Customer Review

23 of 25 people found the following review helpful
4.0 out of 5 stars A wonderful read, now available in paperback, January 22, 2000
By A Customer
This review is from: The Prehistory of the Mind: The Cognitive Origins of Art, Religion and Science (Paperback)
This is a book about the evolution of intelligence. It raises an interesting question right away: Why, after humans suddenly sprouted big brains about 2 million years ago, did they do nothing in particular WITH these wonderfully big new brains until just 100,000 years ago? And then suddenly at some moment, 100,000 years ago, yesterday morning in effect, exploded into action. In other words there was vast lag between the appearance of a mature brain anatomy and any sort of vigorous, laudable mental activity. The observation makes it necessary for science to account for 1.9 million years of mental leisure, of cavemen and women just hanging out. It also calls into question the easy and commonplace assumption that we evolved a big brain in response to some extraordinary evolutionary challenge - a challenge that required us to think faster and more clearly than our near cousins, the chimps.
Books about brains are a genre, and they are as formulaic as detective novels. They always begin by setting up, in the sense of setting up bowling pins, the currently fashionable system of ideas about how the brain might work. Then comes the bowling ball - the blockbuster idea that is supposed to knock aside and supplant all of these fashionable but sadly flawed ideas. The opening critique of the fashionable ideas is usually the best chapter of a brain book, the sweet spot, perhaps because it is the most intellectually honest (ideas about the workings of the brain never add up to much) and because the hostile critique, just by the way, brings you up to date on what people have been thinking on this subject lately.
This is well written and intelligent book. There is too much coy academic nudging and winking and nodding, but when you get past it, it tells its story well. The writing is especially clear and compelling on the subject of mental development in children.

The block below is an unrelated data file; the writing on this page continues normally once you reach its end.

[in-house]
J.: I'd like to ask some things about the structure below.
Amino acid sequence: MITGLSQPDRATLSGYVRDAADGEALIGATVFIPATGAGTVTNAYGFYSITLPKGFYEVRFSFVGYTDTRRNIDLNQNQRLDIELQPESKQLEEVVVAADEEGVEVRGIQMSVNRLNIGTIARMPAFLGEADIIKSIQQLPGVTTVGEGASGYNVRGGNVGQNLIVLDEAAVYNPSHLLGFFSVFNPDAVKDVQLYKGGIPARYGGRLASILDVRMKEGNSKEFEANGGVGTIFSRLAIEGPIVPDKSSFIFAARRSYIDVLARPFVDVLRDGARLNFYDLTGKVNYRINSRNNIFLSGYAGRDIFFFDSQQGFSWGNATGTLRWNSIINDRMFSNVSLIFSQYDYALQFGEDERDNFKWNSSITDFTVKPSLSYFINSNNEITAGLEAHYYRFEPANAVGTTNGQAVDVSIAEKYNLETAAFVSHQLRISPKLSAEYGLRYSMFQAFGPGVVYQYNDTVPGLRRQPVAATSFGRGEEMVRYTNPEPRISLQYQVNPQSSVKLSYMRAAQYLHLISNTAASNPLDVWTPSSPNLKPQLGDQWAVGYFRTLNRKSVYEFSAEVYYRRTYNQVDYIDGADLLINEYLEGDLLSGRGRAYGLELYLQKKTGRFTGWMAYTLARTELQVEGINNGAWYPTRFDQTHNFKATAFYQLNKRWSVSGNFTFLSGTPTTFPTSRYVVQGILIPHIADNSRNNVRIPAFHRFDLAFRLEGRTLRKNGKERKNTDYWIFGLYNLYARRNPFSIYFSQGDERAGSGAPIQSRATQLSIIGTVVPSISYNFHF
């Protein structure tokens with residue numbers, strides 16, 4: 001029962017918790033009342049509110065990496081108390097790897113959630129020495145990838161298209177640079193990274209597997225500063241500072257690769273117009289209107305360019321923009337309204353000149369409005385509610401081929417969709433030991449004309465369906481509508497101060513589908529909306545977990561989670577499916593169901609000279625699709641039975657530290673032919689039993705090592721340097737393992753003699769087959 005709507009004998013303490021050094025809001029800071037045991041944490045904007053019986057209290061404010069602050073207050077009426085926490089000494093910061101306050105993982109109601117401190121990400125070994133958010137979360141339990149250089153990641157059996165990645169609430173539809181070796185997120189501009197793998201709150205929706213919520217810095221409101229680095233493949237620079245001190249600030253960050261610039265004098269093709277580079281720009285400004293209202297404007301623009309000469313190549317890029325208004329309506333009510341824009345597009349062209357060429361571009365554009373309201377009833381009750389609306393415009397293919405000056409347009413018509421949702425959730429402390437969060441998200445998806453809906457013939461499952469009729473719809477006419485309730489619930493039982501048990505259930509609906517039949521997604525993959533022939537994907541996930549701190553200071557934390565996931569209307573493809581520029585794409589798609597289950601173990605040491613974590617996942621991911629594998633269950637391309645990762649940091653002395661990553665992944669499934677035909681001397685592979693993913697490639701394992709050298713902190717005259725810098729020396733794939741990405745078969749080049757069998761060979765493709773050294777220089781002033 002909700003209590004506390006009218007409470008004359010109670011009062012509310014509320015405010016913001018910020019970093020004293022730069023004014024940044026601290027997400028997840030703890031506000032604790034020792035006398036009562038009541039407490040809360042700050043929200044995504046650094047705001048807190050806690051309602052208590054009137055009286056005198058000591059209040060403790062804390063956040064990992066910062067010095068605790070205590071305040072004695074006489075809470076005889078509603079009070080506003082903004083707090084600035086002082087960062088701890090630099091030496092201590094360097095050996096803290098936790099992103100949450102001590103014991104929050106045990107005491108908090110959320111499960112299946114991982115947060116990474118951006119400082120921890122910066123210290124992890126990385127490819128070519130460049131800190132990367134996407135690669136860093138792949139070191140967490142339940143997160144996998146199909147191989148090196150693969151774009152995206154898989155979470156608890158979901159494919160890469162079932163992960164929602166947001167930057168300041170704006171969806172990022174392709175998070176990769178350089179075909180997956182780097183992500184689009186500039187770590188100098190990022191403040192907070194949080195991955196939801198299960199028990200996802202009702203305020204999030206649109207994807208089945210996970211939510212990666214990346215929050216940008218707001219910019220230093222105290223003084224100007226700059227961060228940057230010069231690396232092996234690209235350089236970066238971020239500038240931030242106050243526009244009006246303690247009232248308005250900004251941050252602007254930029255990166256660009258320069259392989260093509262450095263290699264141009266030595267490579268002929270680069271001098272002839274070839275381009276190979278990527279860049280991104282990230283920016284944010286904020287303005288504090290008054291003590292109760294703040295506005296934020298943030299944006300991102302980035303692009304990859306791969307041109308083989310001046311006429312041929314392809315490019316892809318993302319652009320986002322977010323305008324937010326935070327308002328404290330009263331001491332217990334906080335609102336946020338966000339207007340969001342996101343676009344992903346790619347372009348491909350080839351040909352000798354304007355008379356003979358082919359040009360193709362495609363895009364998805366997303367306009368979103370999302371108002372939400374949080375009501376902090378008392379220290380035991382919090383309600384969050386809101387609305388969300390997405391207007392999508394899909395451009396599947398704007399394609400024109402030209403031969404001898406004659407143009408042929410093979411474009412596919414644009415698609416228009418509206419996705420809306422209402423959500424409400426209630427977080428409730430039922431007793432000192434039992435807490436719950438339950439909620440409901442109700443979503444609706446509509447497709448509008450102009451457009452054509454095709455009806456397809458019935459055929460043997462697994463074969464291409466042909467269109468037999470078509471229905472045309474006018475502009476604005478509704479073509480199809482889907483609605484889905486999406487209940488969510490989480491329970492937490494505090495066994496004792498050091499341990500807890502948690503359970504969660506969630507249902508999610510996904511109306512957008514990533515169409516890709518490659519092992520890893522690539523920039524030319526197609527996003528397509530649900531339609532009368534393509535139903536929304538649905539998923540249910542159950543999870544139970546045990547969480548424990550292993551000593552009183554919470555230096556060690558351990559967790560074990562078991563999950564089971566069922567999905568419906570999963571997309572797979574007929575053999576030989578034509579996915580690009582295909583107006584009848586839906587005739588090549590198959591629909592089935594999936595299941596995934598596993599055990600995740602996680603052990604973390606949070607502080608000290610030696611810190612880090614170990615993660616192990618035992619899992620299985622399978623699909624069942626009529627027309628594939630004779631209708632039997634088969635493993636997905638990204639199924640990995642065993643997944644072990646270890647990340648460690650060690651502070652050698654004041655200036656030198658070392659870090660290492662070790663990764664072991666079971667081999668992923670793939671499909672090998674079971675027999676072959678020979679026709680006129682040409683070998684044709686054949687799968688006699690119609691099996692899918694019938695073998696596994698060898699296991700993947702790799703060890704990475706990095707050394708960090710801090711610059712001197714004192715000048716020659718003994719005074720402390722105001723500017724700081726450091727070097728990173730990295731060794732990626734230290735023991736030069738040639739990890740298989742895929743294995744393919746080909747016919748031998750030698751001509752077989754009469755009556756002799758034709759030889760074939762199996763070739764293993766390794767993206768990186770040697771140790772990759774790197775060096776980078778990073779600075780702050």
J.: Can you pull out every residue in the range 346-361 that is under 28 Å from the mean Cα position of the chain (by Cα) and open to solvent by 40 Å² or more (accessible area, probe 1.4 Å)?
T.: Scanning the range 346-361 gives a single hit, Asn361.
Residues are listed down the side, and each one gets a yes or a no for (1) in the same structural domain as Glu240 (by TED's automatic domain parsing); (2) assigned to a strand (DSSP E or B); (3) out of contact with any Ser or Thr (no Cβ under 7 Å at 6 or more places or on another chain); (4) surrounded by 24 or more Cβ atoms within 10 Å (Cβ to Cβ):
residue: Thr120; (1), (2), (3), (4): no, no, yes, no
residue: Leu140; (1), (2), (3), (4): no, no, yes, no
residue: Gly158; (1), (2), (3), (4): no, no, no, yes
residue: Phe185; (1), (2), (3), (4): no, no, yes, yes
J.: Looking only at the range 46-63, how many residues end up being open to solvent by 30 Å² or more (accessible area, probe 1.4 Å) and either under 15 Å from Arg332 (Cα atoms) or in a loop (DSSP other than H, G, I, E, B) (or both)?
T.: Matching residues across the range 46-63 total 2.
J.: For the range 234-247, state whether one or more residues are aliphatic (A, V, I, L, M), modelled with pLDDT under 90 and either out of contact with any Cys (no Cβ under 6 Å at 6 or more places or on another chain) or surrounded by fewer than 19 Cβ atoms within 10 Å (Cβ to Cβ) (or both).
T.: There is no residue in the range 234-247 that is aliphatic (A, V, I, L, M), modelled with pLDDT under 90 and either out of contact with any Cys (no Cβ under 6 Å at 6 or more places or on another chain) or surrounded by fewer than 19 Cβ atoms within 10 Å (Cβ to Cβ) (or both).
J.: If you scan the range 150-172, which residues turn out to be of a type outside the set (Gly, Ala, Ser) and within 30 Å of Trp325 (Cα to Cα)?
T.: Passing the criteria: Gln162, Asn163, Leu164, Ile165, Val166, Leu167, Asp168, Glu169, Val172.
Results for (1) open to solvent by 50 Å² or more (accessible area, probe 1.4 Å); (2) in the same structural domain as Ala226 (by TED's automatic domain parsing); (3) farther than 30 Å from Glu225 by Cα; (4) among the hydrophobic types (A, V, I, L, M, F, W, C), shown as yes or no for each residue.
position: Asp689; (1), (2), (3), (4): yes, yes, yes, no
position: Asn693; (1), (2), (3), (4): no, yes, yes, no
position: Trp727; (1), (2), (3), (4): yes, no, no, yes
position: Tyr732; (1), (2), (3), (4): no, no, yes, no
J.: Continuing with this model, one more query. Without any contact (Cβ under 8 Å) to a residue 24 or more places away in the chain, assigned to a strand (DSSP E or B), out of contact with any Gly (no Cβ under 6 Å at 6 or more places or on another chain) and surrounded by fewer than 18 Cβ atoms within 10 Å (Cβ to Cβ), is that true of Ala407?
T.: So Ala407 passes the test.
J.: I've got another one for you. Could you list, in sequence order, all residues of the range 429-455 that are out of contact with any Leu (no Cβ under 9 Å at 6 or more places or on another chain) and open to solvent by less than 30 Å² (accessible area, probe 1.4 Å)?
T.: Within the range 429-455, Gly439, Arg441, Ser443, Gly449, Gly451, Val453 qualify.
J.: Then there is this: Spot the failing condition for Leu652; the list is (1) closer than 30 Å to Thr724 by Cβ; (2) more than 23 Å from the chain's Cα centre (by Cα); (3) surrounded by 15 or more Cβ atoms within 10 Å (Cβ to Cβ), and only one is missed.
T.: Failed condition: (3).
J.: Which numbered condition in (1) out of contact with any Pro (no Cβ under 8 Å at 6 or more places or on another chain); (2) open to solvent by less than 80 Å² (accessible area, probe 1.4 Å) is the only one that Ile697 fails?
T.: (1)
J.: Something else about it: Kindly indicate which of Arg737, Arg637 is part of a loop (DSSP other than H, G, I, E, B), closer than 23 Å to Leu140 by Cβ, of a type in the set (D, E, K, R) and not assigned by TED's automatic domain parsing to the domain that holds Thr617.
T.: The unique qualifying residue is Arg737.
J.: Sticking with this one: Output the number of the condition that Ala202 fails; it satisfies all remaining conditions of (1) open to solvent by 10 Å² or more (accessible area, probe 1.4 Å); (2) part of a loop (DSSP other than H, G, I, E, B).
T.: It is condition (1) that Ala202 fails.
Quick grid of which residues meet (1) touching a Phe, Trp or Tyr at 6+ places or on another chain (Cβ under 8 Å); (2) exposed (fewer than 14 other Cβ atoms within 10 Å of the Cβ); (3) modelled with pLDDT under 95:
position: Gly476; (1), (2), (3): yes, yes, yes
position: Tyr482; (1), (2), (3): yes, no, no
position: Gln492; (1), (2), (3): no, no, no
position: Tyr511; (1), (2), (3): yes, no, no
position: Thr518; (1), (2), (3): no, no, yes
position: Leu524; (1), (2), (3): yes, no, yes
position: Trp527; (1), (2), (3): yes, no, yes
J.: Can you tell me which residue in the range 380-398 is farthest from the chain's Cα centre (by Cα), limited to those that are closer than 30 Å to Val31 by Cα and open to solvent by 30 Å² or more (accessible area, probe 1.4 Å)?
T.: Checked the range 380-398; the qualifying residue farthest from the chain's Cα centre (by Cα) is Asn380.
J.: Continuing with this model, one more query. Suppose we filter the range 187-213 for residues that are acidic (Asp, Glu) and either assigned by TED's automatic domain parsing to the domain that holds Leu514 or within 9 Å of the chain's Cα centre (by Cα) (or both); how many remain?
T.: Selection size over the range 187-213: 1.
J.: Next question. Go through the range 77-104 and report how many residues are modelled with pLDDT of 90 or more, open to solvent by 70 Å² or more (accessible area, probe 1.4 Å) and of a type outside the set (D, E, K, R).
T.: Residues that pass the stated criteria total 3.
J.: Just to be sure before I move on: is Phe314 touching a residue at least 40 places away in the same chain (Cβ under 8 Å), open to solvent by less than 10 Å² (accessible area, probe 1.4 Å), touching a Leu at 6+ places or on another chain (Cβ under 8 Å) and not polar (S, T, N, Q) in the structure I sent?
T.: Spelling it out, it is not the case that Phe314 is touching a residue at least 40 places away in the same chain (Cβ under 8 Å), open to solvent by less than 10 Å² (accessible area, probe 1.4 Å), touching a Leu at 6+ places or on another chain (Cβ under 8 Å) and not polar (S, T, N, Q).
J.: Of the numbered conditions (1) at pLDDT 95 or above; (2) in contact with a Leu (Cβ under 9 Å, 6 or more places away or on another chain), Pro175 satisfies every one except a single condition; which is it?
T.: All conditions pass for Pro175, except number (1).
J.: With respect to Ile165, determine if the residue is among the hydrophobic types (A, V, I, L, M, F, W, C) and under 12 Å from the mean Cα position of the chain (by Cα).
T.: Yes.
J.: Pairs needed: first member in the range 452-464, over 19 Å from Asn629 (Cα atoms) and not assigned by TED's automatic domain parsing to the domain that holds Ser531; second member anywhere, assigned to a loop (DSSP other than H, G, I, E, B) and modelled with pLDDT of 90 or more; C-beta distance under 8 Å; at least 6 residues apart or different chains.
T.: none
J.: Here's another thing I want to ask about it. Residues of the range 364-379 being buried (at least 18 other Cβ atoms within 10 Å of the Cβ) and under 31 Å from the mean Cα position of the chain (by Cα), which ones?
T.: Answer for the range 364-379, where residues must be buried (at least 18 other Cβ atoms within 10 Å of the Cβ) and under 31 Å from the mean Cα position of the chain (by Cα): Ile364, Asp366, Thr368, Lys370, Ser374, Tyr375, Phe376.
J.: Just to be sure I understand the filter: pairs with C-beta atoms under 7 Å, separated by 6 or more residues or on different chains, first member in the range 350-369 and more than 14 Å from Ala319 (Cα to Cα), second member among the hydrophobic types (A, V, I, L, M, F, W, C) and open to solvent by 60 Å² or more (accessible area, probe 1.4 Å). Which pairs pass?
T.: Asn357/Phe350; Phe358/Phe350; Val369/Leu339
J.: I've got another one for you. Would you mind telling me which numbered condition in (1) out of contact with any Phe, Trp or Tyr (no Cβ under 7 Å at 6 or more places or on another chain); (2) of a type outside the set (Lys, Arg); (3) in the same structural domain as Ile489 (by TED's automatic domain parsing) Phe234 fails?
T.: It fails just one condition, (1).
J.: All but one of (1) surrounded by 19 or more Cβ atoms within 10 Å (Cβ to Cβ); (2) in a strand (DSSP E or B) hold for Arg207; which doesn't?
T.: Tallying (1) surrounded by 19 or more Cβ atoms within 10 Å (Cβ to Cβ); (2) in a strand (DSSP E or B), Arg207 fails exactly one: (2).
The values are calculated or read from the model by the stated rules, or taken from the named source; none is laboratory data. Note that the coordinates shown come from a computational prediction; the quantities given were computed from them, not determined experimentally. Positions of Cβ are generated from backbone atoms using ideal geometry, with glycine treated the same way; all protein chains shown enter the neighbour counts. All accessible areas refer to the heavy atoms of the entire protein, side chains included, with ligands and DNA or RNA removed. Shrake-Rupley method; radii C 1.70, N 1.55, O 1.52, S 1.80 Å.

For a very different point of view read The Monkey Puzzle (Gribbin), which suggested that the big brain evolved long, long ago, probably long before we were primates - and secretly rode the genome down through the eons until it was simply re-expressed in humans, as a full blown brain, for whatever accidental biochemical reason, 2 million years ago. Per this line of reasoning Chimps have the same blueprint for a big brain written into their DNA. They just don't express it. In other words the code for a big brain does not print out as an anatomical structure in chimps, but it is in their genes. As are other ancient but silent structures, like gills and flippers.
If there is anything to this idea, then the brain has had a pre-pre-history, during which it evolved as a thinking machine, possibly underwater. And the hunter-gatherer human phase of its evolution is a trivial overlay, a scrim on the surface of this much longer evolutionary period, lost in the remote past. Texts on neurophysiology often include a famous and (once you have seen them, indelible) pair of photos of excised human and dolphin brains side by side. The structures are essentially identical. The dolphin brain is supposed to have emerged 22 million years ago, our very near replica of it, 20 million years later. This is not to say we are descended of a dolphin. Maybe we are both descended of who knows whom. Some v. sharp witted reptile.
There is a rival brain book in the current season called "How the Mind Works." The Prehistory of the Mind covers the same ground and does a better job of it. It is nice to see it out in paperback
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